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Saluting African-American History Month: Robert Dance

Office of Civil Rights
Washington, DC
February 22, 2007

Saluting African-American History Month: Robert DanceRobert Lawrence Dance was born in Kentucky in 1942. Raised by his grandparents, he grew up in a small farming community (population 180) and attended a one-room segregated school. After attending high school in Cincinnati, he dropped out of college and joined the U.S. Army in 1962. After short stints in Turkey and at the U.S. Military Academy Preparatory School, then located at Fort Belvoir, he attended the Philippine Military Academy (PMA) in lieu of the U.S. Military Academy (USMA) and graduated in 1968 -- the first African American, and the fourth and last American, to graduate from PMA. Upon graduation, he was commissioned as a second lieutenant Armor officer in the U.S. Army. He served overseas in Vietnam and the Philippines and in the U.S. at the USMA and at Fort Knox, Kentucky. He qualified as a parachutist, a Civil Affairs officer, a Foreign Area Officer (FAO), and a military instructor. While in the military, he received a bachelor's and two master's degrees.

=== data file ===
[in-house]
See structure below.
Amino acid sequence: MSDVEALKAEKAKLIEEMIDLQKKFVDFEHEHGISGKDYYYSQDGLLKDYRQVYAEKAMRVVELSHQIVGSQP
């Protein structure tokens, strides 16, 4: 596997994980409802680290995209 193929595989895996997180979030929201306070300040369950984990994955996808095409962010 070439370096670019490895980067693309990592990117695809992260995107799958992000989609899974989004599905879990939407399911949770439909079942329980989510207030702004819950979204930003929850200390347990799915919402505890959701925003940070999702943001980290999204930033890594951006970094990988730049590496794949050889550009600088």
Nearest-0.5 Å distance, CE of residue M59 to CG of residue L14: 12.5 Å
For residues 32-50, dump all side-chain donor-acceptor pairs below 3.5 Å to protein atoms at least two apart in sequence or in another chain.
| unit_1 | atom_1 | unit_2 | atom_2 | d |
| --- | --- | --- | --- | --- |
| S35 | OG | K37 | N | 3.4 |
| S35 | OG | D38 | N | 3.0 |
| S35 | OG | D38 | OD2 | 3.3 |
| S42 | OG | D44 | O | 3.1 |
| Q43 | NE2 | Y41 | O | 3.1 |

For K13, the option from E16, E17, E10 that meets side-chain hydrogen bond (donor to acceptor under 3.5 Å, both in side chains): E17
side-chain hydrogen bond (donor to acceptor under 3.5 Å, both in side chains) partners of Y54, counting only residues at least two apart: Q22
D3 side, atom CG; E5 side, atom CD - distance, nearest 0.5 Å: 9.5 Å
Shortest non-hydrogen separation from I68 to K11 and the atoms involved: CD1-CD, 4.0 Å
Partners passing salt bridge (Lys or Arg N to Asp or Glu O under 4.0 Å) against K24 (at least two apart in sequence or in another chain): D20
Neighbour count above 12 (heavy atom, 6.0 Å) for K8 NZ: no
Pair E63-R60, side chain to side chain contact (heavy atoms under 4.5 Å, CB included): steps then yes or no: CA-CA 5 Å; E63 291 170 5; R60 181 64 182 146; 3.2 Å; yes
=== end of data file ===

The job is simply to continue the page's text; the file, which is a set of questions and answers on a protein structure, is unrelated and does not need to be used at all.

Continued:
Mr. Dance retired from the military and entered the Foreign Service as a member of the U.S. Information Agency in 1986. He served in public diplomacy positions in U.S. embassies in Trinidad, Venezuela, El Salvador, Colombia, and Malawi. Most recently, he was the Deputy Chief of Mission in the U.S. Mission in Swaziland. In Washington, he has been the Director of Career Development and Training and the Deputy Director of Career Development and Assignments. He also received a master's degree from the National War College. He is currently the Deputy Director of Public Diplomacy and Public Affairs in the Bureau of African Affairs.

When asked about a guiding principle, Mr. Dance stated that he had two:

"First, I believe in the Golden Rule: 'Treat others as you wish to be treated.' In the State Department context, this means that I must take care of my people.

"My second principle is, 'Do the best job possible in whatever you do.' It is a principle that I learned from my late grandfather who would often tell me, 'If a job isn't worth doing right, then it isn't worth doing at all.'

"Following these principles has helped me achieve much more than anything I dreamed as a child. More importantly, it has allowed me to put my three sons on the path to successful lives.

"I must say that as a person of predominantly African ancestry, I take pride in my dominant ancestry and in what we as Americans have achieved."

To view more 2007 profiles, visit the main gallery.


Released on February 27, 2007

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